Children's Hospital Colorado

Traumatic Injury Research at Children's Hospital Colorado

Our faculty and staff within the Trauma Program of Children's Hospital Colorado are dedicated to improving outcomes for injured patients. Our success is due to the collaboration between all the services that impact injured children.

Dr. Moulton holds a small robot device showing pressure fluctuations of a beating heart.
Research article

Learn how a trauma surgeon's research used big data from electronic medical records to create a brand new vital sign.

Two girls wearing helmets stand on their bikes in a park.
Research summary

Trauma Program advancements

The Trauma Program has a very active group of research staff from all disciplines. They participate in clinical projects, federally funded projects through the National Institutes of Health (NIH) and Department of Defense (DoD) in the areas of trauma, burn, wound and critical care. The team also uses multiple databases to focus on injury prevention, outcomes and epidemiology.

"Our program encompasses prevention and prehospital care, as well as emergency, diagnostic, acute, surgical and rehabilitation care. We're also engaged in research, education and advocacy that helps injured children get back to being a kid as quickly as possible."

Steven Moulton, MD

Medical Director, Trauma Program

What our traumatic injury research means for kids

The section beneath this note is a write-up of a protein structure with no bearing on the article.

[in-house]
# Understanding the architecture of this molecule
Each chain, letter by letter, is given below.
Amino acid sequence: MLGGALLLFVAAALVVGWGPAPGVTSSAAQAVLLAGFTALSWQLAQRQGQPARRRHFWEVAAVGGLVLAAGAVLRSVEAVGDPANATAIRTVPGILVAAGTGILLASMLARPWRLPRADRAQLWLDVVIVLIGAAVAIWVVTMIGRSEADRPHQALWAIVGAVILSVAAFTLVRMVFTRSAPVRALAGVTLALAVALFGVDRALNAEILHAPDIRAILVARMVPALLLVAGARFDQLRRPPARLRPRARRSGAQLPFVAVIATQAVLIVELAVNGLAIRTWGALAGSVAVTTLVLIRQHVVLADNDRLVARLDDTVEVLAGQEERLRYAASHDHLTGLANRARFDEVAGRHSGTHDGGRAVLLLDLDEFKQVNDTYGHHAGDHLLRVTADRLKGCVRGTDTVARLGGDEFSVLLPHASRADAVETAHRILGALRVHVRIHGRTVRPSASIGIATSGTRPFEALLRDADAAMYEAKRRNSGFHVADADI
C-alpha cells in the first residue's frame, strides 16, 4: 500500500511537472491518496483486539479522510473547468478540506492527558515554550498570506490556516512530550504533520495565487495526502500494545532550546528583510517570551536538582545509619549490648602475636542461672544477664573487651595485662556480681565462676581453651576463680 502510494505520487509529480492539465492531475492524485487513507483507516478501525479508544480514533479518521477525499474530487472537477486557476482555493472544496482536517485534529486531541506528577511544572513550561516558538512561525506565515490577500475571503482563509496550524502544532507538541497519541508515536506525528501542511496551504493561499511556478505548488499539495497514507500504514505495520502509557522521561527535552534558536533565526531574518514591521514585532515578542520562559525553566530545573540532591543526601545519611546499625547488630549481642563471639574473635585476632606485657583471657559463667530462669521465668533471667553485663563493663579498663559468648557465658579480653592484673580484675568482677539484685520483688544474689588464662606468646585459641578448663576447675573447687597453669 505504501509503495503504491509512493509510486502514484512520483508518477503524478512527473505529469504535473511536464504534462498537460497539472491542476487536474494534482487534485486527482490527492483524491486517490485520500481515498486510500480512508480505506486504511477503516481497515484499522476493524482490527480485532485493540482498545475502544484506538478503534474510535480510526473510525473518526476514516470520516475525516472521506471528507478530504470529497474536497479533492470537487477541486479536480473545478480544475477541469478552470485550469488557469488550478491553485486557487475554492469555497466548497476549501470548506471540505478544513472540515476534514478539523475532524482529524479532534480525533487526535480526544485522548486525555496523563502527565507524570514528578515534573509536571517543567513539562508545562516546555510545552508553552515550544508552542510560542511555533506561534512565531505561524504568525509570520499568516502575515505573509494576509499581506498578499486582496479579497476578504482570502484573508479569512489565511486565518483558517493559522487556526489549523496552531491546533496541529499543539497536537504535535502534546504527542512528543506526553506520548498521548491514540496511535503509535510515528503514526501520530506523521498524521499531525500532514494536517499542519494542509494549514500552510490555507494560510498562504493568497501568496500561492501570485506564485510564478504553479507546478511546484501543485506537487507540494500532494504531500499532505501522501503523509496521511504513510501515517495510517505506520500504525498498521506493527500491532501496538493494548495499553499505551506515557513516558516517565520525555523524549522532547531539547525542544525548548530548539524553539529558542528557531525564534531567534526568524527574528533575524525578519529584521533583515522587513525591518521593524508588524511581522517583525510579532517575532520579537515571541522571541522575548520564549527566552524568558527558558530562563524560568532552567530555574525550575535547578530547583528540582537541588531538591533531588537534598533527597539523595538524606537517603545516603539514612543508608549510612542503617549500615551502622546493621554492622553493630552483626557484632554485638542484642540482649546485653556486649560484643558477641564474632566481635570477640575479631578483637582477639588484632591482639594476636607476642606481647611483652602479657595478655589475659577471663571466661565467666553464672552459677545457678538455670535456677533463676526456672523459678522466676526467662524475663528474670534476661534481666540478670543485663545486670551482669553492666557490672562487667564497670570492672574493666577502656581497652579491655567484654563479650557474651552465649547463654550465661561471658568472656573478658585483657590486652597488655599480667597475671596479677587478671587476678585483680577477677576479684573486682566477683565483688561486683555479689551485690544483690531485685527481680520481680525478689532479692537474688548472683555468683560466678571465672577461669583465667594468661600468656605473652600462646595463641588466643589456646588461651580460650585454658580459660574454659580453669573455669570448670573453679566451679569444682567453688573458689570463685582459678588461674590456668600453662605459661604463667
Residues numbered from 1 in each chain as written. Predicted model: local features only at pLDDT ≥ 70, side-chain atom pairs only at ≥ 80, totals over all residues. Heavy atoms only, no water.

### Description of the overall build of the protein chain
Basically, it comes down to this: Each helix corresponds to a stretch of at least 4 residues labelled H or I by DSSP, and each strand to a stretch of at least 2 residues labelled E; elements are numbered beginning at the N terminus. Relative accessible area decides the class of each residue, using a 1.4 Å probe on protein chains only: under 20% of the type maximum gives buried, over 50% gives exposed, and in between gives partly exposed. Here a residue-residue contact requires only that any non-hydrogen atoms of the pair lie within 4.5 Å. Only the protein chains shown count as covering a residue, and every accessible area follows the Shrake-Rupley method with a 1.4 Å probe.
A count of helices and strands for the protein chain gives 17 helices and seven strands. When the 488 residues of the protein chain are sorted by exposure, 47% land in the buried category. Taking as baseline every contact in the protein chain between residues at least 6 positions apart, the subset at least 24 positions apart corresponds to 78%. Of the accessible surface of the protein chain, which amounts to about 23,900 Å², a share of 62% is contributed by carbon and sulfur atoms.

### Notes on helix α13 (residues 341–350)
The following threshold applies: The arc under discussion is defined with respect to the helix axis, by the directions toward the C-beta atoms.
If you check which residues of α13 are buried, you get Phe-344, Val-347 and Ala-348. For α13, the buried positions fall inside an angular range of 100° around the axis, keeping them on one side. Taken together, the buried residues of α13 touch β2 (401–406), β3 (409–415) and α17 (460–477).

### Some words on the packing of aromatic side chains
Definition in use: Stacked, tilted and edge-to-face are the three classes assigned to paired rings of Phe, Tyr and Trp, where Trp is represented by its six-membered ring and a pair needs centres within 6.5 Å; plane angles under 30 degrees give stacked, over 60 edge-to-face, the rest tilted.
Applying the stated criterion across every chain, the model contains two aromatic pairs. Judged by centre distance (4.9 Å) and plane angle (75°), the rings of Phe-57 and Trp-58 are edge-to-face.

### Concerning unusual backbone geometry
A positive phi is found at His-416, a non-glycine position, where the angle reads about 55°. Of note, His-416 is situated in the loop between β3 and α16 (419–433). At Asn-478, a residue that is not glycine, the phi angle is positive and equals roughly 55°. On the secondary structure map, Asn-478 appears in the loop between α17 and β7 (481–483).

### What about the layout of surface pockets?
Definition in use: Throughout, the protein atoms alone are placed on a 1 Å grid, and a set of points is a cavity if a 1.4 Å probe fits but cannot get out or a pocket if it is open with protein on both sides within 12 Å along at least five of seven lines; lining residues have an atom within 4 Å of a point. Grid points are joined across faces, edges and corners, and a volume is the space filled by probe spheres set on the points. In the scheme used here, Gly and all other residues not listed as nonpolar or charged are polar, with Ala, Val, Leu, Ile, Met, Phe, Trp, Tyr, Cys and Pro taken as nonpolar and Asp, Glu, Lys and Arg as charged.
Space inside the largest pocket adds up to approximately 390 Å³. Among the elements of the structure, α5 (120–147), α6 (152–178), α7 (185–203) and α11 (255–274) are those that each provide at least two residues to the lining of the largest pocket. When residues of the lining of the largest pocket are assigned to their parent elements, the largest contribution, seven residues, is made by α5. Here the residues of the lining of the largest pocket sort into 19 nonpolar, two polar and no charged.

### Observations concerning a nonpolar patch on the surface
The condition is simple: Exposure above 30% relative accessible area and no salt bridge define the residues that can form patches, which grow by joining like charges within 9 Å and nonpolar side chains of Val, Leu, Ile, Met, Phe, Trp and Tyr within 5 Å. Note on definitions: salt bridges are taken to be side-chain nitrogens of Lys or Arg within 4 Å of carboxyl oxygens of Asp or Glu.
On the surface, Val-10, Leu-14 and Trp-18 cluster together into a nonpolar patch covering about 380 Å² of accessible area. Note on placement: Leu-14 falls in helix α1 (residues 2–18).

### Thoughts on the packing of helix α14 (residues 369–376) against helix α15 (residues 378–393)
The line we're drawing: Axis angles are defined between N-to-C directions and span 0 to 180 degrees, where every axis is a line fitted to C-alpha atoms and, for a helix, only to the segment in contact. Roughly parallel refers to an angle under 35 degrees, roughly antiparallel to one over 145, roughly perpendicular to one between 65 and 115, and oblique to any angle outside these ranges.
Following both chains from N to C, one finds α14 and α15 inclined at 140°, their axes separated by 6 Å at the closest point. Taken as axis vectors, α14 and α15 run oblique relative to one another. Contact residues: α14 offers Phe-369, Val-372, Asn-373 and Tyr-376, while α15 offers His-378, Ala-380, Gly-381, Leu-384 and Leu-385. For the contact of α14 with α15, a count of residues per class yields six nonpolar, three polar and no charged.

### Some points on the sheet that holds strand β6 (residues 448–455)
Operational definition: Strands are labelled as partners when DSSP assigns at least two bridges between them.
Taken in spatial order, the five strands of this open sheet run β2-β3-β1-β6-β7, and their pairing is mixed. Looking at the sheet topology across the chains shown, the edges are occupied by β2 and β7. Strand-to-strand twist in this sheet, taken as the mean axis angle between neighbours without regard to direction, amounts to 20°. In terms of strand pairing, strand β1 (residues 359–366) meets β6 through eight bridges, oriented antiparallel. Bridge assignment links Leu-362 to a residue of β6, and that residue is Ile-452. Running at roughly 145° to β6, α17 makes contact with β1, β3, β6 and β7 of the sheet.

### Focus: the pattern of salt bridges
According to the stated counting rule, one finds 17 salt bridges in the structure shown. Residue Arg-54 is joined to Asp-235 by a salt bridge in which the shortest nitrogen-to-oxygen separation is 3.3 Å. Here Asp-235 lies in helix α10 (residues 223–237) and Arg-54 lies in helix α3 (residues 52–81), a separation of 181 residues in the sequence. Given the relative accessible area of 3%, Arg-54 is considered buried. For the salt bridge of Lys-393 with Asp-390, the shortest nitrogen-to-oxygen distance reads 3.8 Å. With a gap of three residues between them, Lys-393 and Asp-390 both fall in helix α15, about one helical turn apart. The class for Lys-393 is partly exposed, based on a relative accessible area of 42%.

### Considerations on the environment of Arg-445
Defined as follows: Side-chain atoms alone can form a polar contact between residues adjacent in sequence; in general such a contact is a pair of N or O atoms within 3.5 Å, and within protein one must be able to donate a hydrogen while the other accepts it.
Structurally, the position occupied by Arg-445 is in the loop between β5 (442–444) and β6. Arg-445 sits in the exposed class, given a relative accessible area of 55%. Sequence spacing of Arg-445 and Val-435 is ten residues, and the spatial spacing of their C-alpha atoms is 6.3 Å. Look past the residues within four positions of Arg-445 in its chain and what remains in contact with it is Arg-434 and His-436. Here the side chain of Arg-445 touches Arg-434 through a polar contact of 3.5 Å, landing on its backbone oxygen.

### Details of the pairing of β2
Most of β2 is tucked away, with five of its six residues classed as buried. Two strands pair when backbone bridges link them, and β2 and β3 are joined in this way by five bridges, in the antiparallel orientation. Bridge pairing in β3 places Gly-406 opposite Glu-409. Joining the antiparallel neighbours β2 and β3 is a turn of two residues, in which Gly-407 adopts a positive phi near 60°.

Our translational and basic laboratory research includes studies of pediatric traumatic brain and orthopedic injuries, minimizing blood loss and transfusion, and improving surgical infection outcomes.

  • The body's response to blood loss depends on a number of variables — fatigue, hydration and genetics, to name a few — and is notoriously difficult to measure. Children's Colorado trauma surgeon, Steven Moulton, MD, has developed a revolutionary device that makes it look easy. It's the first device in the world capable of reliably measuring blood loss physiology, and it does it in real time in an interface as easy to read as a fuel gauge.
  • A group led by Kathleen Adelgais, MD, created an educational module to improve the ability of clinicians to recognize intentional injuries, as opposed to accidental ones, to improve accuracy in reporting suspicions of child abuse. Learners are exposed to many cases in succession, yielding an experience that would take years for an average medical provider to acquire through clinical practice alone.

Learn more about the Trauma Program.

Contact us

720-777-6282
emergency.outreach@childrenscolorado.org

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